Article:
(JS) It seems as if people are eating flowers these days with reckless abandon, or at least heaping them onto their bakes and tucking them into cocktails for an extremely grammable finish. (SB: lilac wiiiiiiiiiiiine…) I often enjoy working edible buds (or their extract) into a dessert or beverage, and have experimented with the likes of rose petals and lavender buds for dry rubs of all sorts. That said, I know there is a subset of readers who fear the floral, more readily associating these flavors with soap or grandma’s purse. For these folks especially, I suggest you give the chive blossom a chance. As is perhaps obvious from the name, these are the flowers you’ll find at the end of perennial chives. Somewhat whimsical in appearance – picture something between a dandelion and a Seussian truffula tree, ranging in color from mauve to pastel lavender – their flavor is unlike the aforementioned florals, but instead firmly in the allium camp. It’s the essence of chive all dolled up. You can enjoy the petals raw, sprinkled over a salad for a pop of color, or stirred into a buttery slow scramble, for eggs that remind me of sour cream and onion chips. They’re an alluring addition to a grilled vegetable platter, finished with a bit of olive oil and sea salt. But if you’re looking to enjoy a hint of chive all year long, you might consider steeping them in wine vinegar for a vibrantly hued and delicately flavored infusion.
This recipe is largely based on sensorial cues, but if you’re jonesing for a textual guide, try this one from David Leite. You’ll need at least two cups of blossoms for a pint of vinegar. David recommends Champagne or white wine vinegar – you could probably use red wine vinegar here as well, but part of the fun here is coaxing the color out of the blossoms, so I’d recommend starting with something closer to clear (plain white vinegar might be a little intense). Begin by thoroughly rinsing your blossoms, making sure to remove as much dirt as possible as well as any resident insects, then stuff the blossoms into a sterilized jar. Gently warm your vinegar – there’s no need to boil, you want to give your blossoms a bath rather than scald them. Pour the warm vinegar into the jar to submerge the blossoms, pushing them down with a spoon as needed. Allow the vinegar to cool and place a bit of parchment paper over the top (to prevent reactions with the metal), then screw on the lid. Place your vinegar in a cool, dark place for at least a couple weeks. A basement is ideal but a cabinet or pantry closet will work. After two weeks you can start checking your vinegar – it will have taken on a rosy magenta hue, with a hint of chive on the nose. Taste and decide if you’d like to further infuse. When the vinegar is flavored to your liking, strain the blossoms out and store in a sterilized glass bottle or jar. Enjoy in vinaigrettes of all sorts, or for finishing hearty soups and braises.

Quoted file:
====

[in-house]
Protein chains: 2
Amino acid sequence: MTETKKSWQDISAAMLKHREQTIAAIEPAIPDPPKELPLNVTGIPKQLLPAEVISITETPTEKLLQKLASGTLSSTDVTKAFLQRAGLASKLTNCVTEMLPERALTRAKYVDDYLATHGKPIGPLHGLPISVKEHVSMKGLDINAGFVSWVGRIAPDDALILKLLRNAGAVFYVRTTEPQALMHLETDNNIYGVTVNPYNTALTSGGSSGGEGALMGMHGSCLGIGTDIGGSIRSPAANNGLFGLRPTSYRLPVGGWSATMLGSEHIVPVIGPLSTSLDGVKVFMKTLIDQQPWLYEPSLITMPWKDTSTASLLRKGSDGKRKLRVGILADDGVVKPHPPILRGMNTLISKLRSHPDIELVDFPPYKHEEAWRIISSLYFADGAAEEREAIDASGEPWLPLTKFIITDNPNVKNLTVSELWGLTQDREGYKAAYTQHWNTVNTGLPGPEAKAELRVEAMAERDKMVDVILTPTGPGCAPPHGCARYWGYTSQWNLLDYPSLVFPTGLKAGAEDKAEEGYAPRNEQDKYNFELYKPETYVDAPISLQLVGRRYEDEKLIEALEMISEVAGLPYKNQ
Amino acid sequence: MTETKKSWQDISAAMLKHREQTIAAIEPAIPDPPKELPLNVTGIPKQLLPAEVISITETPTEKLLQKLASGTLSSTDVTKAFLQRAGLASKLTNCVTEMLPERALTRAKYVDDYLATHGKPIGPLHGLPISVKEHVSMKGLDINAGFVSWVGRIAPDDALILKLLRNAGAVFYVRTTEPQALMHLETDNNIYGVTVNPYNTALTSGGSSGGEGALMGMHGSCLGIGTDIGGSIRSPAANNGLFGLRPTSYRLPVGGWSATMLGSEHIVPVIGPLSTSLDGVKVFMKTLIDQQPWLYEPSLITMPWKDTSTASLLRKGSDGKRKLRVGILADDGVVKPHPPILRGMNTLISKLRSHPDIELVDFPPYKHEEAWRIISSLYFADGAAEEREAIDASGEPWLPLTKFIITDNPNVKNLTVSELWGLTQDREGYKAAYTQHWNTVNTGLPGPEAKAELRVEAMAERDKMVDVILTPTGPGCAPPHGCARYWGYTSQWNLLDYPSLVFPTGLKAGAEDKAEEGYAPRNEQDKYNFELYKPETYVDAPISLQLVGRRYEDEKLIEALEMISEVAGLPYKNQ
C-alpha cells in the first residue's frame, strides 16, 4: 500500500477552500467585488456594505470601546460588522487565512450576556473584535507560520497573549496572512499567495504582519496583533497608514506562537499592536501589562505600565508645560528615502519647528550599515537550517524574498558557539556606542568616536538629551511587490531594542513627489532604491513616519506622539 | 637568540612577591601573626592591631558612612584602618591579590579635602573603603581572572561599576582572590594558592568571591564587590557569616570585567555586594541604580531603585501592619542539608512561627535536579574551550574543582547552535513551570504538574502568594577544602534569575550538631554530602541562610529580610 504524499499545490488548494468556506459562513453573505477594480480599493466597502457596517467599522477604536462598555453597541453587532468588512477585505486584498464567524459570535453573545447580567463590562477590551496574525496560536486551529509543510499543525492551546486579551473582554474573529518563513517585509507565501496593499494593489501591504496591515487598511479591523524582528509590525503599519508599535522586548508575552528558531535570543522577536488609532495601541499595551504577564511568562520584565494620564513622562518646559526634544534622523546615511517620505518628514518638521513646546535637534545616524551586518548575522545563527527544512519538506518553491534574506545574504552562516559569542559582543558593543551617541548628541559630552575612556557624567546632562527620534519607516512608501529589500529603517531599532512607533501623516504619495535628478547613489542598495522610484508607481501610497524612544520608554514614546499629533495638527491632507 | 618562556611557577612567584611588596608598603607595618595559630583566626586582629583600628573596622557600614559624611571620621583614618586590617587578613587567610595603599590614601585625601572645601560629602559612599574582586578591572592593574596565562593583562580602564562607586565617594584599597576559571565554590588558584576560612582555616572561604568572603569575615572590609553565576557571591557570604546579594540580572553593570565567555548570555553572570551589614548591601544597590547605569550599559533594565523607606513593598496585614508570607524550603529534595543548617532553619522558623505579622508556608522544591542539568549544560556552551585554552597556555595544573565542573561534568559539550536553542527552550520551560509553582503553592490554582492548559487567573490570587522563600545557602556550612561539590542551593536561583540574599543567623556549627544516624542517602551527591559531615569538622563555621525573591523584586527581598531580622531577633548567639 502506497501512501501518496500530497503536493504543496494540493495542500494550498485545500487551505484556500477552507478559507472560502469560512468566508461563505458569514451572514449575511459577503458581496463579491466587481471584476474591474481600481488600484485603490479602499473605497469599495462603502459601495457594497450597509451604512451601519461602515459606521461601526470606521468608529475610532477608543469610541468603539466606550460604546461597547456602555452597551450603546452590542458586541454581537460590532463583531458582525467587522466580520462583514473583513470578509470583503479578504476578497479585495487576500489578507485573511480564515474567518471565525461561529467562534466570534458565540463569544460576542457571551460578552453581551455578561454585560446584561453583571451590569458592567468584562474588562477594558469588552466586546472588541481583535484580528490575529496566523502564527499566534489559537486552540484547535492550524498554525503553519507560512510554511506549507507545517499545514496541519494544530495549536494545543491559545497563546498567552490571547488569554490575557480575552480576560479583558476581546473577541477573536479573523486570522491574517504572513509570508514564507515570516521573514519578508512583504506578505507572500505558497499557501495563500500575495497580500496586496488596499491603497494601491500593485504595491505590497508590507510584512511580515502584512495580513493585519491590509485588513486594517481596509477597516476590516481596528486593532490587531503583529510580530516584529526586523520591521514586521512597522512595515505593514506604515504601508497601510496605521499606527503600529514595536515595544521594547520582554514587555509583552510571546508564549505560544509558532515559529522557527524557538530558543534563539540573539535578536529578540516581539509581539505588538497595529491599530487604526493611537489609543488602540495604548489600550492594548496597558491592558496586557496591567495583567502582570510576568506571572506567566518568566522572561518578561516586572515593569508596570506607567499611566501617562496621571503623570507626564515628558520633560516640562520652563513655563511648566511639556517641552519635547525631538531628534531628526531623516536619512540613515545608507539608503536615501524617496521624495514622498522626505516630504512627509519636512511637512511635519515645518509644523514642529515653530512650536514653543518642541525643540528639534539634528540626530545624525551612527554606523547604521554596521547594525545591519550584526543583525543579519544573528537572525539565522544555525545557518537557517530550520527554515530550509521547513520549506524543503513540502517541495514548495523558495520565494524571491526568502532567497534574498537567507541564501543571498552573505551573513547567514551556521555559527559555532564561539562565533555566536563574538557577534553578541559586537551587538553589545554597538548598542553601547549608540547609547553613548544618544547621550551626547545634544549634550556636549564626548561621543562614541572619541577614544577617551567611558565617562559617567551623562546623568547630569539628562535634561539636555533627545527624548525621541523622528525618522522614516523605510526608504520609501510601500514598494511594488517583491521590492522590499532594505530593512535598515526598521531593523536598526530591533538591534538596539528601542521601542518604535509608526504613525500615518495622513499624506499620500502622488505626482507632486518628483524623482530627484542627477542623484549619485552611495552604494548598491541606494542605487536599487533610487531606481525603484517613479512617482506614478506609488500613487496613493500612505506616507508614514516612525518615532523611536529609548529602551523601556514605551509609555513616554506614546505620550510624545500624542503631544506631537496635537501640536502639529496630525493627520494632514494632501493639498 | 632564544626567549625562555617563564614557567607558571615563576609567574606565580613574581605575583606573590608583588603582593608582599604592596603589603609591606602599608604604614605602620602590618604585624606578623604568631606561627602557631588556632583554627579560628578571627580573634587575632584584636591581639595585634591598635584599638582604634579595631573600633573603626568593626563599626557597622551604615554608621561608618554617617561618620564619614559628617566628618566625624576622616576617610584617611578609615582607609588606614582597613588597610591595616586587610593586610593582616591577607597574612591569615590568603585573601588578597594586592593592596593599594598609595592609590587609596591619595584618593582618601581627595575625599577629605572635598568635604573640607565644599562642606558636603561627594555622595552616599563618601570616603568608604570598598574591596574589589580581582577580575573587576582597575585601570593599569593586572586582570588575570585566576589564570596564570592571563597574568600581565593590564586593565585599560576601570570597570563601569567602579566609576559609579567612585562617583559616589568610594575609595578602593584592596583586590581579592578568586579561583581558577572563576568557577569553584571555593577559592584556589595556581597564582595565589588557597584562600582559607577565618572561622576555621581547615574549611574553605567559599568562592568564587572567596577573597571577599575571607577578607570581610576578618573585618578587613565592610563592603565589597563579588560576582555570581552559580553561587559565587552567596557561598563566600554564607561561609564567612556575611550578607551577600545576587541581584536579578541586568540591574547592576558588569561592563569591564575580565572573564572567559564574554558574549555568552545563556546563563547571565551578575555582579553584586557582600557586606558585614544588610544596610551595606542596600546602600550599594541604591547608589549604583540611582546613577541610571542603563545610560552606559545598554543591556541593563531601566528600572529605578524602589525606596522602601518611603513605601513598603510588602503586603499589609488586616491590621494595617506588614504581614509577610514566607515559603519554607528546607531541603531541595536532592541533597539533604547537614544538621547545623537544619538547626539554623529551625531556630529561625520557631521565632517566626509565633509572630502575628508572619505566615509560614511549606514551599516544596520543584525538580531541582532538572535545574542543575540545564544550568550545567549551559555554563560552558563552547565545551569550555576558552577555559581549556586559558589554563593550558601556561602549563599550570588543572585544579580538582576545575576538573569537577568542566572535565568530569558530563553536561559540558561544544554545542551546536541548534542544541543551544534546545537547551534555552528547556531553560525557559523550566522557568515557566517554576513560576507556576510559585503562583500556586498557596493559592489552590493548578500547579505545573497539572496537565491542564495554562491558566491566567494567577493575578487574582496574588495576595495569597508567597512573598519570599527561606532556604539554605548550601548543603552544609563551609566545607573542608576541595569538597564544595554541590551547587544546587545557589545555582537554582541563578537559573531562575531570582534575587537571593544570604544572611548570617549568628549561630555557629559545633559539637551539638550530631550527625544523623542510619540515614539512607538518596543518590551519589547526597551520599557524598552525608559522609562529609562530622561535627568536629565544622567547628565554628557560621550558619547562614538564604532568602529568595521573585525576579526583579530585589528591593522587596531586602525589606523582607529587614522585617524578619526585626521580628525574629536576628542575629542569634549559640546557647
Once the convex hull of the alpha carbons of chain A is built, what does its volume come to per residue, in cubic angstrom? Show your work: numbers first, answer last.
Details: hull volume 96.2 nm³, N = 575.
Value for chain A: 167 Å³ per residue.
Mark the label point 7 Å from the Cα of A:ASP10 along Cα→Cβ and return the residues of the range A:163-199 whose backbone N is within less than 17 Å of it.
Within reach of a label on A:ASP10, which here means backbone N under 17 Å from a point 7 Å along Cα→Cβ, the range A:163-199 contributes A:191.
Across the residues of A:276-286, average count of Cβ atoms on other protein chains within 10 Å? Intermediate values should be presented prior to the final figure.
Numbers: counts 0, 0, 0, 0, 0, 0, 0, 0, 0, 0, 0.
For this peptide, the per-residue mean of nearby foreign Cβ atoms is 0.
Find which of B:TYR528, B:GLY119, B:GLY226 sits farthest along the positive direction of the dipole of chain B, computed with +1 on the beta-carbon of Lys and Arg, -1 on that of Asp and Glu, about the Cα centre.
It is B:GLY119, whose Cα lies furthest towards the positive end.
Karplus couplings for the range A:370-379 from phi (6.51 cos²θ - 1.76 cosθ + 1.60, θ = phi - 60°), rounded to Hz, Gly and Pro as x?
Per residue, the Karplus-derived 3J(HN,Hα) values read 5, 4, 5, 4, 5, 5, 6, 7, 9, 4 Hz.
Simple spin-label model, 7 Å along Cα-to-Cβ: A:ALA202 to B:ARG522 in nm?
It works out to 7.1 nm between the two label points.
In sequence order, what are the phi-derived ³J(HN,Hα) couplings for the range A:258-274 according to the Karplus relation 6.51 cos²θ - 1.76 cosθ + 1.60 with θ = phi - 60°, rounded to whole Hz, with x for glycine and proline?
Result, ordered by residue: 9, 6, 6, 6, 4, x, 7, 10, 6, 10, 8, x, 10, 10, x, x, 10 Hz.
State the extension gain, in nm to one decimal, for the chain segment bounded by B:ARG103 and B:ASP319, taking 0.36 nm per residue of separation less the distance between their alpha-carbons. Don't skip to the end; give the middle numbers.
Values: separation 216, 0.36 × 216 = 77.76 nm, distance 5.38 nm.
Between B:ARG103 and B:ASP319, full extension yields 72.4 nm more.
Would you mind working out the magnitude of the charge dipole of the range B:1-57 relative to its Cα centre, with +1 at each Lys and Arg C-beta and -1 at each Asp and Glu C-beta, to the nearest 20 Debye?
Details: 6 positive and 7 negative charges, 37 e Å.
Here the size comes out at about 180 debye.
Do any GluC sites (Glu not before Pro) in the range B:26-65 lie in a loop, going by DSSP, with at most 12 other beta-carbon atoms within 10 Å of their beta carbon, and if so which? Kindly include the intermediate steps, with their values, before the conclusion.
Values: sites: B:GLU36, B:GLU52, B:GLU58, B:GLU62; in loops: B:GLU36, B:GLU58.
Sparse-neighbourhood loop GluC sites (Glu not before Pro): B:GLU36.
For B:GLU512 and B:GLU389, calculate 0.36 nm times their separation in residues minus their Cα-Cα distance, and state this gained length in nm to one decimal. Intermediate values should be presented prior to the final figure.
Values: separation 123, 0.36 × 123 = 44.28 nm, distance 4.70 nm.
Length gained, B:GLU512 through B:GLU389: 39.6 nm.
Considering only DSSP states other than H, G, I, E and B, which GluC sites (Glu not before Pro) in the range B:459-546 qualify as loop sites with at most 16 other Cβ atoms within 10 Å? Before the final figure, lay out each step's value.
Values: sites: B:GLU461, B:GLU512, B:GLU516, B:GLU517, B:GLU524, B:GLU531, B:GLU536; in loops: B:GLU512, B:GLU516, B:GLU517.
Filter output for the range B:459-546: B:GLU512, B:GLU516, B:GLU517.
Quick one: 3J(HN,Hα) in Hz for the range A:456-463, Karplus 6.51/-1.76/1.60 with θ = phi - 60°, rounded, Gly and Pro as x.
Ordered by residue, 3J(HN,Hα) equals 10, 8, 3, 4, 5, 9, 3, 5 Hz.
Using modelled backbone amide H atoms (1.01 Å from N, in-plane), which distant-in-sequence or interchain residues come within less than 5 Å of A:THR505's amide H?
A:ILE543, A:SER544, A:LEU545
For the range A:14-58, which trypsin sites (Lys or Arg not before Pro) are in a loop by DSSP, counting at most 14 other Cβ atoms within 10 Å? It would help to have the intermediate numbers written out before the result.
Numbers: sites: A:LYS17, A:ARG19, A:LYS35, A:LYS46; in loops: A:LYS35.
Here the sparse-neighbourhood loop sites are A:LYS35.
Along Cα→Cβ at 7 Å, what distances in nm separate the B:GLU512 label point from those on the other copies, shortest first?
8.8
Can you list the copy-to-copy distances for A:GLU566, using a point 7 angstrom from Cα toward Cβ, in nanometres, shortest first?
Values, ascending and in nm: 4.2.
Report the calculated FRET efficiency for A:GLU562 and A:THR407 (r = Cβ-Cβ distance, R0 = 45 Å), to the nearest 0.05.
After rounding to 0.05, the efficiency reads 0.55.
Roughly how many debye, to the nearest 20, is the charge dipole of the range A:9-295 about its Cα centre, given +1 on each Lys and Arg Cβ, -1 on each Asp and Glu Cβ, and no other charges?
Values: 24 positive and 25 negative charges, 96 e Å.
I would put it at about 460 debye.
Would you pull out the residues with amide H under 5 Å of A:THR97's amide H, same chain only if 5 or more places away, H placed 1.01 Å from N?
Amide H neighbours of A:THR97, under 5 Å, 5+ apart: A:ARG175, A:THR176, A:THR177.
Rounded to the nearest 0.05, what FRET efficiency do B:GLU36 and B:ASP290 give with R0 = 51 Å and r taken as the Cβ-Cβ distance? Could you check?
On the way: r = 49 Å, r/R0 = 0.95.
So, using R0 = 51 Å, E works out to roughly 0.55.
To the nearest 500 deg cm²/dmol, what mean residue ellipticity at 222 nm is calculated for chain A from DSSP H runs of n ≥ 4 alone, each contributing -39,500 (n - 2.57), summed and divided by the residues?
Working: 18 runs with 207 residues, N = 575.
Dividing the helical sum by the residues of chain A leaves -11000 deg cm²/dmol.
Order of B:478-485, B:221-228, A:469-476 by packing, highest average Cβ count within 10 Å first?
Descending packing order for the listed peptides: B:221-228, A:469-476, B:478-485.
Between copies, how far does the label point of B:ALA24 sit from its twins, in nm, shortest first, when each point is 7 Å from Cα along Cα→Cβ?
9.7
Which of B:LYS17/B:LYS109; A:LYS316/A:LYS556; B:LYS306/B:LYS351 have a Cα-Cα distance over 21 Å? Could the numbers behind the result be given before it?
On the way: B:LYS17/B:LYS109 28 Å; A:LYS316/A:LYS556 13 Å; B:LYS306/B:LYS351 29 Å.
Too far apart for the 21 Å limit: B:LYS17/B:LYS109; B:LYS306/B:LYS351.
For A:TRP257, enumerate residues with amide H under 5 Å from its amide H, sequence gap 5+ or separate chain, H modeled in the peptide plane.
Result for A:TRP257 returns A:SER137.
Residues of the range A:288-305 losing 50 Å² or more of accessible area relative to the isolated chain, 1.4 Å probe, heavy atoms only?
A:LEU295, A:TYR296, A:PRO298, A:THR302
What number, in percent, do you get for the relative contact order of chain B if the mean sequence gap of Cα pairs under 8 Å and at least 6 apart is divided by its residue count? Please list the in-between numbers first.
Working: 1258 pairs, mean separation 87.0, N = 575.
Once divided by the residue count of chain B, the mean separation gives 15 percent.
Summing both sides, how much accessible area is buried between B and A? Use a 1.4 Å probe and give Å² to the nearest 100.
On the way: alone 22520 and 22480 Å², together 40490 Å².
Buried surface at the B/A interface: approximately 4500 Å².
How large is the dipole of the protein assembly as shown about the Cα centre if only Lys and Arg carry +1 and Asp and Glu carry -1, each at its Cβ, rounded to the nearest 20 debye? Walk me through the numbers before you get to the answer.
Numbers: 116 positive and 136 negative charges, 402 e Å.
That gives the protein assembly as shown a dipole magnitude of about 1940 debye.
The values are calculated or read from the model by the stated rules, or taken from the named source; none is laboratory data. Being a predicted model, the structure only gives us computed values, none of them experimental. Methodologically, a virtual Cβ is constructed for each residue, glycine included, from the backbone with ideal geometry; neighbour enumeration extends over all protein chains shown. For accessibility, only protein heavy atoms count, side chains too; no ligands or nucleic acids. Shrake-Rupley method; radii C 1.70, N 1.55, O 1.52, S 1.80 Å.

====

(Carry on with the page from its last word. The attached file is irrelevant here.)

HOT IN HERRE: BANANA SOFT SERVE-ISH
(SB) My own apartment building has been a feverishly steam-heated sauna for the better part of this year (I hate you Boiler Truck), but this weekend marked the first day that I really started to feel hot walking out and about in the City. With the caveat that I still hope to be able to use the oven for a few more weeks, we’re marking the season re-introducing a feature designed for when it’s simply too sweaty to do much more than eat something cold on the couch.
I am, of course, aware that I’m not breaking any news with this little vegan banana ice cream number. In fact, I’ll confess to rolling my eyes a little bit when I first heard of it in the dreaded diet-y “you won’t even miss the ice cream” that it’s often bandied about in. However, I tried a few versions in the throes of trying to tamp down on my sugar consumption in the face of my raging pandemic sweet tooth and have found myself both surprised and inspired by its malleability. On the most basic level, you only need two things to make this soft serve: frozen bananas and a food processor. The bananas go into the processor, you scrape down the sides at regular intervals, and before you know it, they’ve come together as a creamy soft-serve base. You can eat it right away, or freeze it for a firmer texture. As simple as this is, I have gleaned a few additional insights: beginning to process the frozen on the “chop” setting before moving to puree makes the mixture a little creamier; letting the frozen bananas thaw for several minutes before throwing them in the processor helps with move things along; and depending on the texture of your bananas, you might think about adding in a little oat milk. Sometimes, when making multiple batches, my food processor blades get frozen and need a quick hot-water bath. Keep the faith if it looks like you’re just ricing a banana!